2010 Dodge Ram 1500 4x4: Off-Road Review
Off-road, the Ram 1500 proves capable, but is hardly the ideal beast for the task
In 2009, Dodge gave its full-size, half-ton pickup a major revamp, including a more powerful Hemi V8, redesigned interior, greater number of configurations and a redesigned rear-suspension with coil springs. When it was launched we got a chance to put the truck through its paces on the road, slalom and braking course, plus a little bit of off-roading. However that last segment was largely limited to rocky dirt roads, so given the chance to see what this brute could do on a proper off-road trail, we were chomping at the bit.
|1. Ram 1500 models come with either a base 210-hp 3.7L V6, mid-range 310-hp 4.7L V8 or range-toping 390-hp 5.7L Hemi V8.
2. For 2010 max towing capacity has been increased to 10,450 lbs.
3. Dodge now offers a specific TRX off-road package that includes heavier duty axles and specific 275/70/17 all-terrain tires.
4. Ram 1500 models are available with three different box lengths – 8-feet, 6-feet, 4-inches (quad cab) and 5-foot, 7-inches, (crew cab).
Besides, for 2010, the Dodge Ram 1500 gets somewhat of a new name. Gone is the Dodge branding in favor of the new truck brand “Ram.”
Make no mistake; the Ram is big. Compared to the other vehicles we sampled during a recent off-road expedition organized by Chrysler it stood out like a giant. Our Quad Cab model tipped the scales at close to 5,800 lbs, so if we were going to get stuck on the trail, this would be the vehicle to do it in.
Nevertheless, our Ram was quite well equipped for boonie bashing duty. It had the fearsome 5.7-liter Hemi V8; replete with 390-hp and 407 ft-lbs of torque - five-speed automatic transmission, and part time 4x4 system with electronically controlled two-speed transfer case. Thankfully it also sported the 17-inch wheels and tires and 3.92 rear axle ratio, so on paper it least, despite not winning any awards for fuel economy (13/18 mpg city/highway), it appeared to be up to the job for some back country adventures.
The massive size of this truck meant that when we got out onto the trail, we were provided with a different perspective. Shifting the transmission into neutral, we turned the dash-mounted knob to low range and set off.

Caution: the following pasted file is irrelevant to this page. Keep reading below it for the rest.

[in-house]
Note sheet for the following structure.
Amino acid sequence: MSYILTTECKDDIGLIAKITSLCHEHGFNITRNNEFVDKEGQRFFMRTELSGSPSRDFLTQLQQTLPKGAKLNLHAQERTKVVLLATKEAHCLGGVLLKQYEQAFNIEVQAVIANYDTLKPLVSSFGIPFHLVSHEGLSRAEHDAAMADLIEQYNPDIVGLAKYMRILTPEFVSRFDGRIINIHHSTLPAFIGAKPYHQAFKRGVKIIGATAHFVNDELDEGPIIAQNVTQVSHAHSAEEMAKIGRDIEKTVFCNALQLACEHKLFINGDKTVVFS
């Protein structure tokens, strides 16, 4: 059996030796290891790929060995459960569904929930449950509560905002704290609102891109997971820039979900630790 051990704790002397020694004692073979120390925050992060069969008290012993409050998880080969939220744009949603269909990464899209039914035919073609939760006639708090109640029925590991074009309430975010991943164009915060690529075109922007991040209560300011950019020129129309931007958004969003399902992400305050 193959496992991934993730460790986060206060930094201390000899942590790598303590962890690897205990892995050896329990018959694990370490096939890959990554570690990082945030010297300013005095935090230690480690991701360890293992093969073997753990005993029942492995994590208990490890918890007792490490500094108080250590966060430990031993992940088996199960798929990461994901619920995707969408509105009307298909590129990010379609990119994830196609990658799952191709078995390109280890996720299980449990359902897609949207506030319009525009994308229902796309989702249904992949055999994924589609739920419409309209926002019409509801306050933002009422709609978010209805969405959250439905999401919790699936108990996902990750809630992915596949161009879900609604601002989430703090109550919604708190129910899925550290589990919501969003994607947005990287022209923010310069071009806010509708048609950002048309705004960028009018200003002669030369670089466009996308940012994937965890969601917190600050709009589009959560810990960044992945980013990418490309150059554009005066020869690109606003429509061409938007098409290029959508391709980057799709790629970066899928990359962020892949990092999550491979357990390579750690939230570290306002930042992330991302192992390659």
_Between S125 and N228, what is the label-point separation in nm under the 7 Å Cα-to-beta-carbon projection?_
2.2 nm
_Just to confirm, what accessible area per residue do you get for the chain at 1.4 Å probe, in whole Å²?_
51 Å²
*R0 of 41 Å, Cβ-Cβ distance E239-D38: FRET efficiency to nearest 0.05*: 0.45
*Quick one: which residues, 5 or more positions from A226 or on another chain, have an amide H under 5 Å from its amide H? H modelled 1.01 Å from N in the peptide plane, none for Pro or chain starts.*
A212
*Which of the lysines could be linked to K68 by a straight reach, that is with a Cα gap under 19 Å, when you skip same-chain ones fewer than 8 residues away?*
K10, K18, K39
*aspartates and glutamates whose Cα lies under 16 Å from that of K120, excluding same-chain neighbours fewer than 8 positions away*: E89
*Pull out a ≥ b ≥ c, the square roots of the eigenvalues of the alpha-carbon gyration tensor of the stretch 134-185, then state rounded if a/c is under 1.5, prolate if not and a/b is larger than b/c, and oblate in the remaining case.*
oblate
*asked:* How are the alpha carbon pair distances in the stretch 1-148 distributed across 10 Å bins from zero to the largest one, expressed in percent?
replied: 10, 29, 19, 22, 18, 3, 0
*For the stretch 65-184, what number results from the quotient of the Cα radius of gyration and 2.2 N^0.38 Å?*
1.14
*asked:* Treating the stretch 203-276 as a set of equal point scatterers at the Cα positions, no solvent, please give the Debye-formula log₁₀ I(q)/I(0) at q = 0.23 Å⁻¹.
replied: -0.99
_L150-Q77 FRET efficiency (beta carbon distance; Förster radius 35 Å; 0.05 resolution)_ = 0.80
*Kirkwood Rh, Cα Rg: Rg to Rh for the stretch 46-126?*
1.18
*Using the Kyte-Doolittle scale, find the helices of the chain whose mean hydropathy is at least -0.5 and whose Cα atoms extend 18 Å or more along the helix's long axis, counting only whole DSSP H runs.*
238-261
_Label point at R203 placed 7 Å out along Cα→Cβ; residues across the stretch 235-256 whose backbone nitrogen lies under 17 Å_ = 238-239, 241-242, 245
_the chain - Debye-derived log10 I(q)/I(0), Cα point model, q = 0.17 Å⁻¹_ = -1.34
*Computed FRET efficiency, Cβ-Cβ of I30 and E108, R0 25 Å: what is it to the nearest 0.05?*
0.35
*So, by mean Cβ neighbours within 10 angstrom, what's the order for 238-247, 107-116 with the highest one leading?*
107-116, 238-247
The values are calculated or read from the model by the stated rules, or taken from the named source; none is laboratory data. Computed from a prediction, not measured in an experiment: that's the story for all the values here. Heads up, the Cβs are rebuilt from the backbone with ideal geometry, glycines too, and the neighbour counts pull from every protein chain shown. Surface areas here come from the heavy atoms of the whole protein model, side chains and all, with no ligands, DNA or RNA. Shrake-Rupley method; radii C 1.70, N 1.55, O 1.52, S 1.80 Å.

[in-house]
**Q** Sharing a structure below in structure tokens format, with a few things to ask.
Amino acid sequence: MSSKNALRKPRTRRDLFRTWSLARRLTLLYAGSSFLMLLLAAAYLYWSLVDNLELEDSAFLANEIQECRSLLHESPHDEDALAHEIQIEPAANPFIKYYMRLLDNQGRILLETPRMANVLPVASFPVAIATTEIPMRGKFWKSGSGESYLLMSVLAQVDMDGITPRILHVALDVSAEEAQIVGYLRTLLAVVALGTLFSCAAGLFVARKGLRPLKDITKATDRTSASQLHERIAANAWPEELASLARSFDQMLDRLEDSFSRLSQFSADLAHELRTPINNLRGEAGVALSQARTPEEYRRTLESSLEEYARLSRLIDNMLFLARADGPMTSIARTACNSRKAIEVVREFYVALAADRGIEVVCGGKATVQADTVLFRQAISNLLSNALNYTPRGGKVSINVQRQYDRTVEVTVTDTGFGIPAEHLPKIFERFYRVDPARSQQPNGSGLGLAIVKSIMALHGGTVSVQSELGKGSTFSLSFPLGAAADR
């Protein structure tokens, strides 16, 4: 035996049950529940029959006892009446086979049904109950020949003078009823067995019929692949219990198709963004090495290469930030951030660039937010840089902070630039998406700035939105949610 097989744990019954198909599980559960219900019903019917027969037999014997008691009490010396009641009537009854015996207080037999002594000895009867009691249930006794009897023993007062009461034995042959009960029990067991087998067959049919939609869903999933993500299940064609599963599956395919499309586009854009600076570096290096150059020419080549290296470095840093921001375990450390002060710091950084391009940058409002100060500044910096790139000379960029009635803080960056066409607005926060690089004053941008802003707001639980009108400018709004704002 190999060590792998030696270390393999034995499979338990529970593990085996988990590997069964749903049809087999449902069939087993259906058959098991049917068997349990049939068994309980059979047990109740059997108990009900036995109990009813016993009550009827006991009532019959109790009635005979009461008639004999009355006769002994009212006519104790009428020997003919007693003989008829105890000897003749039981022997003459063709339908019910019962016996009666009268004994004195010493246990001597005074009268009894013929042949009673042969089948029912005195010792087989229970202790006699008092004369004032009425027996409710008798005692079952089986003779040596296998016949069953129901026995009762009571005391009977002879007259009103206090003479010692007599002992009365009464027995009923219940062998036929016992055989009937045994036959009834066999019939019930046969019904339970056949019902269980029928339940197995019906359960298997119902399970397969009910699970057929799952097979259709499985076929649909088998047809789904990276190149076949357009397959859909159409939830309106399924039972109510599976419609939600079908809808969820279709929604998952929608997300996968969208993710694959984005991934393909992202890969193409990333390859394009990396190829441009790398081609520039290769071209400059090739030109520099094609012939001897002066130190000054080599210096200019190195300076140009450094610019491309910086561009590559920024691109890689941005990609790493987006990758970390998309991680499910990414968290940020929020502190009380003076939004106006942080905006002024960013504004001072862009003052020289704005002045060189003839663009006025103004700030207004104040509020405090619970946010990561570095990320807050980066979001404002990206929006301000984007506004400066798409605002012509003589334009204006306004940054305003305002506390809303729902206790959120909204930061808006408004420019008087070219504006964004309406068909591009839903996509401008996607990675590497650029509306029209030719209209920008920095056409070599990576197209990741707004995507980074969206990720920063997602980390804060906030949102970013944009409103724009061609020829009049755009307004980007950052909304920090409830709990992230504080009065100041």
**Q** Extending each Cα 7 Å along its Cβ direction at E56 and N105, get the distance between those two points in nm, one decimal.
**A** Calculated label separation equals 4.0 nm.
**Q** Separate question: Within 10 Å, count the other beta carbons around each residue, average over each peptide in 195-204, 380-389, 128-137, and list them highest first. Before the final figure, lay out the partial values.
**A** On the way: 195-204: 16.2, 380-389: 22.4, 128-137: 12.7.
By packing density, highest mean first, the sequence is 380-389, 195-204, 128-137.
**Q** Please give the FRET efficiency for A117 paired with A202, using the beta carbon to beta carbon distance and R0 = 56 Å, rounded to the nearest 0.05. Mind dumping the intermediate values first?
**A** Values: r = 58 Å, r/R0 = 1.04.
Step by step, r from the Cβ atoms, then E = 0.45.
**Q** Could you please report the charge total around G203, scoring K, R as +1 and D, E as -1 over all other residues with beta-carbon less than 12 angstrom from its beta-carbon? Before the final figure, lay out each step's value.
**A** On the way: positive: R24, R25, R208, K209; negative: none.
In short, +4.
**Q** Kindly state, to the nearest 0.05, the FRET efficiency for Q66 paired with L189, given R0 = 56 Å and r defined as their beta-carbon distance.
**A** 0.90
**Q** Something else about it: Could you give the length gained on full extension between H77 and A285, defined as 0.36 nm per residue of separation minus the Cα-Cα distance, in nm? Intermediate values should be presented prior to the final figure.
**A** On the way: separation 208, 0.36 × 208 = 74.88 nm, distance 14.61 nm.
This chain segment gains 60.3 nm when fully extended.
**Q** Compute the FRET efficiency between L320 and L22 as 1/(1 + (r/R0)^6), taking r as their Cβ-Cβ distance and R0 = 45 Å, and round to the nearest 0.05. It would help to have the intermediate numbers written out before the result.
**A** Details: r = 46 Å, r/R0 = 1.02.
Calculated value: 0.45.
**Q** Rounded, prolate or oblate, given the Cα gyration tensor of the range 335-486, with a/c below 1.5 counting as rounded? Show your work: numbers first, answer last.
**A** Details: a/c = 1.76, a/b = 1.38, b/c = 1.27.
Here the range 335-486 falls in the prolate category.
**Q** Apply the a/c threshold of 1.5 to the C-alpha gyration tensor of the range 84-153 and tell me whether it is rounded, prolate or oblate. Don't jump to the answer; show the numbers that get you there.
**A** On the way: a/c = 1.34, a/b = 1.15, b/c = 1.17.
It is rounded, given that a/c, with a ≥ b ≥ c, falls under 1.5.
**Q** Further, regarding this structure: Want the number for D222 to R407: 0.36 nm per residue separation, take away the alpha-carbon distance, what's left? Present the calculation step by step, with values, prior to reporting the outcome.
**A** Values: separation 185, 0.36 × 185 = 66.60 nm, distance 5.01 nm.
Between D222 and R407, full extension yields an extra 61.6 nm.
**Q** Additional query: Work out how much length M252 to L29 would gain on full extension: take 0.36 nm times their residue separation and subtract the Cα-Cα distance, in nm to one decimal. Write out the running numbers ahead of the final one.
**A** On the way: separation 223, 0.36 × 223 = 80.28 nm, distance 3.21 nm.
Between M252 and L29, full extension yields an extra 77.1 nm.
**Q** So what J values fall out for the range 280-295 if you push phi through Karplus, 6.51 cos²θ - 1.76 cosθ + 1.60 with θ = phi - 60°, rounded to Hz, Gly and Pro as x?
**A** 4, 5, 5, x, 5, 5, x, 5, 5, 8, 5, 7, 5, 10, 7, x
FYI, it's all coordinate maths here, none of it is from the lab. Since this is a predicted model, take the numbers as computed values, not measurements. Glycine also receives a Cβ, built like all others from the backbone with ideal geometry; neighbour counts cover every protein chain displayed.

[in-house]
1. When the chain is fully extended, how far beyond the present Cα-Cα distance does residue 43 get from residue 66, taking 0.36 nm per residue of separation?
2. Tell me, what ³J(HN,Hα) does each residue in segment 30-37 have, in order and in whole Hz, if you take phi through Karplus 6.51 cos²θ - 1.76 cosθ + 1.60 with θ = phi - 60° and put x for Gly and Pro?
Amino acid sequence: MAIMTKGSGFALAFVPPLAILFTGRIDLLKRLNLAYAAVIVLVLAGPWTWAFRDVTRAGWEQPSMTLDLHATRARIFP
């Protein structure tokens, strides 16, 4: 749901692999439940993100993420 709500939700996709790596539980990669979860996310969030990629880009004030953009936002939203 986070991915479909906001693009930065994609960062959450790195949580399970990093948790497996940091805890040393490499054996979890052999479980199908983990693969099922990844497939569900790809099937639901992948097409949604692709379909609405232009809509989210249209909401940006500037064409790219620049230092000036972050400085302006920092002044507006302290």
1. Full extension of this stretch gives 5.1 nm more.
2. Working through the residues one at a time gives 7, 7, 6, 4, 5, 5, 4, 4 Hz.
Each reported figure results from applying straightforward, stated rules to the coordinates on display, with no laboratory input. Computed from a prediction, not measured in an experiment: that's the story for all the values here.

Like the others in this group test (including the Jeep Patriot, Jeep Compass and Jeep Wrangler Unlimited Rubicon), the big rig sported Hill Start Assist. The Hemi V8 is one hot rod of an engine, a torque monster with a surprising ability to rev. Even with four-wheel drive and low range engaged, it takes a bit of skill to master throttle control in off-road situations, not helped by the all season 265/70/17 tires, especially when mud or snow is caught in the treads. Too much gas and the tires just spin, too little and the sheer weight of this rig holds it back, though the Hill Start Assist does it’s best to maintain position on steep off-road grades.
Another problem on our test rig was the approach angle. As a sport model, our truck had the lower front bumper splitter assembly and more than a few times we heard it grinding on the descent, especially on sections of the trail where fairly steep camber changes were evident.
Yet in spite of all this, the Ram equated itself quite well. The steering delivered good on feed back on the trail and a fairly quick ratio enabled the truck to hold its own, especially when negotiating a couple of ditches and a few rocks we encountered along the way.
Provided you’ve got enough momentum going, especially in view of the fact snow and ice were omnipresent on our off-road circuit, the Hemi’s torque can also be your friend. Powering out of a dip and up to the next hill, the truck’s coil sprung rear end, is actually fairly well behaved at low speeds, allowing better tire contact and grip with the surface than the old leaf sprung setup, even when the front and rear suspension are at opposing angles to each other.
Given that they’ve got a lot of weight to haul down from speed, the four-wheel disc brakes have a fairly unenviable task. When off-roading, and cresting a steep hill, the descent can be best described as entertaining. With the ABS kicking in hard, there’s no question that the truck is going to slide, especially on snow and wet mud – your best option is to stay slow and steady, using the throttle and second gear on the transmission to maintain control – since weight and gravity are both your enemies at this point.
With greater practice and more trail time, the Ram becomes easier to manage off road, but unlike the Jeeps we tested, driving it well under these conditions requires a slightly different, more gingerly approach.
As full-size pickups go, the current Ram has a lot going for it. Yes it might be big, but it’s more agile than it size-would suggest - even off-road. The only real drawback is price. Considering the off-road capability, a base 4x4 1500 Quad Cab in SLT, trim starts at $32,985 and a Sport model begins at $37,220. Add the Hemi engine, which is a $1,310 option, plus the 3.92:1 final drive ratio and you’re already nudging $36,000 in SLT trim and over 40 grand in Sport dress - and that’s before taxes. That’s a sizeable chunk of change to swallow and unless you need the hauling and towing capacity of a truck, it can be hard to justify, purely for recreational off-roading, especially given the Ram’s size and weight.